How many high schools could pull off a show with no backstage, no orchestra space, and no way to get from stage left to stage right without going outside?
For a high school to achieve a quality musical in a less-than-perfect middle school auditorium is no small feat, but Pine-Richland did just that with "The Wedding Singer." Though Pine-Richland's senior high is undergoing construction, necessitating the move, the show did not suffer in the least. The leads sang professional-sounding vocals and the band played so well I had to double check in the program to see if the pit was students or professionals (it was students).
Based on the popular movie, "The Wedding Singer" brings the 80's to life with large hair, intense makeup, and costumes straight out of "Grease." It is evident that director Tim Marquette wanted to play the 80's theme as much as possible -- lights flash across the ceiling to give the impression of a dance floor and compensate for the minimal set on a smaller stage.
The show focuses on Robbie Hart, a wedding singer who gets left at the alter, and Julia Sullivan, a waitress who hopes to marry her rich-and-handsome-but-secretly-cheating boyfriend, Glen. Though the plot is at times cheesy, this is ultimately a feel-good musical with pop music that includes more keytar than any musical I've ever heard. That the students who play the members of the wedding band each play the instrument designated to their character is an added bonus, demonstrating talent and making the plot all the more believable.
Also unique is the orchestra, which plays directly from the stage like a wedding band. I found this a creative solution to no pit space. Equally impressive is that the band does not drown the voices of the characters, though they are at times no more than five feet away.
Abby Dionise, who plays Julia, has a standout voice that blends tremendously with Jeff Burgess', who plays Robbie. However, the pair are not the only cast members who can sing: Raychel Shipley nearly steals the show in multiple numbers, most notably "Right in front of your eyes," in which she proclaims her love for the man she previously begged to leave her alone. The constant theme of the show that "love will always find you," is clich?? but leaves audience members with a warm and fuzzy feeling that is surprisingly nice.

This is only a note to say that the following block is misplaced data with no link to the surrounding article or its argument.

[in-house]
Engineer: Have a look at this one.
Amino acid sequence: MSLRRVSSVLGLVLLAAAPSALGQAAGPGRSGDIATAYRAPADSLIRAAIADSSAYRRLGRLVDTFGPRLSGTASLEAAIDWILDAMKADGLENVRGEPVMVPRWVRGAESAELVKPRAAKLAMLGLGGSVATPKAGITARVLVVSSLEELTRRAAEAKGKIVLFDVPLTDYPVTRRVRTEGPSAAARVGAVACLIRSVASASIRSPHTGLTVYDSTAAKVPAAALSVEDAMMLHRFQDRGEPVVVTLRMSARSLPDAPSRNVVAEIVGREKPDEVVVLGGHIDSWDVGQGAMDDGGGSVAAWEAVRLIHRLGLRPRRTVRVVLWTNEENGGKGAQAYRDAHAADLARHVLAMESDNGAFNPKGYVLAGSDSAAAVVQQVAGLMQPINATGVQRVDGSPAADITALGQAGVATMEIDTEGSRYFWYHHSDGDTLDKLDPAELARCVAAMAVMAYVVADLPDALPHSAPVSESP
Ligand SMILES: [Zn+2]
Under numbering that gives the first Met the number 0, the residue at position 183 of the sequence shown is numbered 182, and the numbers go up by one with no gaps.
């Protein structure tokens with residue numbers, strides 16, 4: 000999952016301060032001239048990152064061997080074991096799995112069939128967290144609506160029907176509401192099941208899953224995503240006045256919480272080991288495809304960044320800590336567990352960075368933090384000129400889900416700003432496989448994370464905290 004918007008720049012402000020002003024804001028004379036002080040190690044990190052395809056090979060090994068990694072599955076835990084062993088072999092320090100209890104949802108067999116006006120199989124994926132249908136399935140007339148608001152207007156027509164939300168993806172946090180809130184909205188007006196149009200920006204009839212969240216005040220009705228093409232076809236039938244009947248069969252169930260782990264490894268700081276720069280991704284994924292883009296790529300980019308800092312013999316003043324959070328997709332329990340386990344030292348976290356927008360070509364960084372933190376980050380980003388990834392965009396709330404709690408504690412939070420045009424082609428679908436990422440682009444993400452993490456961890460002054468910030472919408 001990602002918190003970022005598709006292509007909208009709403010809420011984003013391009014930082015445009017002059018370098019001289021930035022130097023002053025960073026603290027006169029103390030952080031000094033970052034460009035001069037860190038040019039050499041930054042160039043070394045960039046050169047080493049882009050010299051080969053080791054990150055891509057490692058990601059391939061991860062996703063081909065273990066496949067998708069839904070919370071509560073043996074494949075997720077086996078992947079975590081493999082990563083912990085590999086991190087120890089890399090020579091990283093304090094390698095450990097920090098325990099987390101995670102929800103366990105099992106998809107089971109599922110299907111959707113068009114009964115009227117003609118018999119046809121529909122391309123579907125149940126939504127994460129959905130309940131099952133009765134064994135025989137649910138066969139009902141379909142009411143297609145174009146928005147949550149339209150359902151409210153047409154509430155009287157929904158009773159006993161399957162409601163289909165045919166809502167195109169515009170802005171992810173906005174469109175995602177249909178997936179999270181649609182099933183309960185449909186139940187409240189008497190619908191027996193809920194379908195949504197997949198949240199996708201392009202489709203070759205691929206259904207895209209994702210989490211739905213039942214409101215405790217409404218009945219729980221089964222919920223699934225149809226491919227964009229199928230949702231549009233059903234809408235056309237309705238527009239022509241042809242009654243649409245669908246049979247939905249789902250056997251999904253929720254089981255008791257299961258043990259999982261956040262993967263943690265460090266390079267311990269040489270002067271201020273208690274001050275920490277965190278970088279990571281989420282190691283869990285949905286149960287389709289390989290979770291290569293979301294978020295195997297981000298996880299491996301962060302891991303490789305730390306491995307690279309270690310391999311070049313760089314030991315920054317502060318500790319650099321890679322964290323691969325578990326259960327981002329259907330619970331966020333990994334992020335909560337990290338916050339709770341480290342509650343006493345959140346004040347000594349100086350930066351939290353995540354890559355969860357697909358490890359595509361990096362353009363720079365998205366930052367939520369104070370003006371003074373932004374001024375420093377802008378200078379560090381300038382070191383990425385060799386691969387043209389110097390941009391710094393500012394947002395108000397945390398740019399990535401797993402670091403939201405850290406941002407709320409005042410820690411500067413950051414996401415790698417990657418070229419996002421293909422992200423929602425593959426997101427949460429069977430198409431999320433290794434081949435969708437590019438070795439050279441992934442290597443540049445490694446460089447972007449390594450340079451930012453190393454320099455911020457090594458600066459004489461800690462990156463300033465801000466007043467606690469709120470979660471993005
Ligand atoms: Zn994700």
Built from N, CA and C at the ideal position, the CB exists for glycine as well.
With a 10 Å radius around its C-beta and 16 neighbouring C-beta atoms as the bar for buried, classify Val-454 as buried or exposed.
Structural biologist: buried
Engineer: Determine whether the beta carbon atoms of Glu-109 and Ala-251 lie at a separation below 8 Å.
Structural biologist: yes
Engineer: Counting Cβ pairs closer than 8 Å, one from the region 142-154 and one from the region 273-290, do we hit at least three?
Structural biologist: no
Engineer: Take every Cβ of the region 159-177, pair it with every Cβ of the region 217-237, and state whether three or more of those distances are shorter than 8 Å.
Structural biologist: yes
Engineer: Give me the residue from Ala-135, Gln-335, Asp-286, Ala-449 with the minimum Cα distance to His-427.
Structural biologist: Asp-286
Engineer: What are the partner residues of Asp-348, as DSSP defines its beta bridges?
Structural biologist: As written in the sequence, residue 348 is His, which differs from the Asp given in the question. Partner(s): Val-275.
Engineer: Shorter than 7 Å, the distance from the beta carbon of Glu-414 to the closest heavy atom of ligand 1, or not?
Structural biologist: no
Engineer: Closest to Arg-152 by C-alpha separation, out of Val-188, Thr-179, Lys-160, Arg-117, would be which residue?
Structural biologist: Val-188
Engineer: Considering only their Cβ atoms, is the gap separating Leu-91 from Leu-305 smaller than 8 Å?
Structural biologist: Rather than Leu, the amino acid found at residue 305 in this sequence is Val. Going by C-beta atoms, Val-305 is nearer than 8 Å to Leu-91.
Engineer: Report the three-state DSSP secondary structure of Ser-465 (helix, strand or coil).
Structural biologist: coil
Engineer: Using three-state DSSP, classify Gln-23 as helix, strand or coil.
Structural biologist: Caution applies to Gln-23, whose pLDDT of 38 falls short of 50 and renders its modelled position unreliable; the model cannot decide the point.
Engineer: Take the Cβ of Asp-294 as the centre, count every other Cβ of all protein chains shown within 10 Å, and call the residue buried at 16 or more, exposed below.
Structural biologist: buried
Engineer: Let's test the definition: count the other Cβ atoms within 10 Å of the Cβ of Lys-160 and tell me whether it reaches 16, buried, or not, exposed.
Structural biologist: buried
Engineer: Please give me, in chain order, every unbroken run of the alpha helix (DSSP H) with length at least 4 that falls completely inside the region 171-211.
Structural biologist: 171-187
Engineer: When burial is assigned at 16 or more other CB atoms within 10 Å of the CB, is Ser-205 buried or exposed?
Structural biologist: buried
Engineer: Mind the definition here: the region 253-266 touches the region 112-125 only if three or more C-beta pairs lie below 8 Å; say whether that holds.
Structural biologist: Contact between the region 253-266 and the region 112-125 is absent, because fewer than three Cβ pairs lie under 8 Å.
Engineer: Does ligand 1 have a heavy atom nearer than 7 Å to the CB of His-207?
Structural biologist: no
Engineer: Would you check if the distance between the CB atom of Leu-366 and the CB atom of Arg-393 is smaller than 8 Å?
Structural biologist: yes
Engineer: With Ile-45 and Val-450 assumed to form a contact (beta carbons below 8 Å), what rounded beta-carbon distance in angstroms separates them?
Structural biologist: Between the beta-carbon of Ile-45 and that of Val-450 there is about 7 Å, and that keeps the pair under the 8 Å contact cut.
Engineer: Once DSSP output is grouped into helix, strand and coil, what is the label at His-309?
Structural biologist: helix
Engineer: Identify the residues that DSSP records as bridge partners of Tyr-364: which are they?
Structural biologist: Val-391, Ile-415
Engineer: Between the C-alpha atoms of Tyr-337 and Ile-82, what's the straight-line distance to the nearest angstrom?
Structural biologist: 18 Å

Likewise, all soloists in the show were strong and confident, which can be credited to Gene Kelly Award winning director Tim Marquette. The show kept a fast pace and flowed flawlessly, showing the students' exceptional direction.
The one small downside of the show was the ensemble members, who were in character but randomly off-beat in certain numbers. High energy songs meant to be loud like "It's Your Wedding Day (Finale)" looked vibrant but sounded drab.
Vivacious throughout was Andrew Brevik, who had the daunting task of playing George, a member of the wedding band who is flamboyantly gay. As if he were born to play the part, Brevik sings notes most girls cannot reach and provides the audience with endless comic relief. In "George's Prayer", Brevik impressively shows his falsetto voice as Hebrew words blast through the air, receiving laughs from those who connect the dots between the Hebrew song and the band's bar mitzvah gig.
Though the show is relatively simplistic, Pine-Richland does all that it can to add witty bits, usually related to the 80's style. Shipley arches over a chair as water falls from the sky, drowning her in an impersonation of the famous Flashdance "Water Chair Dance" at the end of the Act I Finale, "Saturday Night in the City."
The set is simple but well done. It consists of a stage, individual walls that roll off and on and a movable door which doubles as the entrance to Julia's bedroom and Robbie's Grandma's house. I don't mind reusing the same door, but that posters of boys then decorate the front of the Grandma's house makes this slightly unconvincing. On the other hand, Robbie's bed cleverly pulls out, utilizing the limited space. I congratulate whoever built the set, for it could not have been easy to make scenery for such a small stage and have nowhere to house the moving pieces that weren't onstage. Kudos goes to the stage crew.
Overall, "The Wedding Singer" is a show where everyone leaves with a smile. With catchy pop tunes and leads who can really sing, it would be difficult not to have a positive experience.
I overheard a mother in the bathroom say, "It's a shame the kids can't do the dancing they normally do because of the stage." I disagree. Pine-Richland put on a grand show in a not-so-grand theatre. and for that I say bravo.
The Kelly Critics is a joint program of the Post-Gazette and Pittsburgh CLO's Gene Kelly Awards for Excellence in High School Musicals, in which students at Kelly schools review musicals at other Kelly schools. Reviews are edited by senior theater critic Christopher Rawson (email@example.com), a long-time Kelly Awards judge.
First Published April 18, 2012 2:00 PM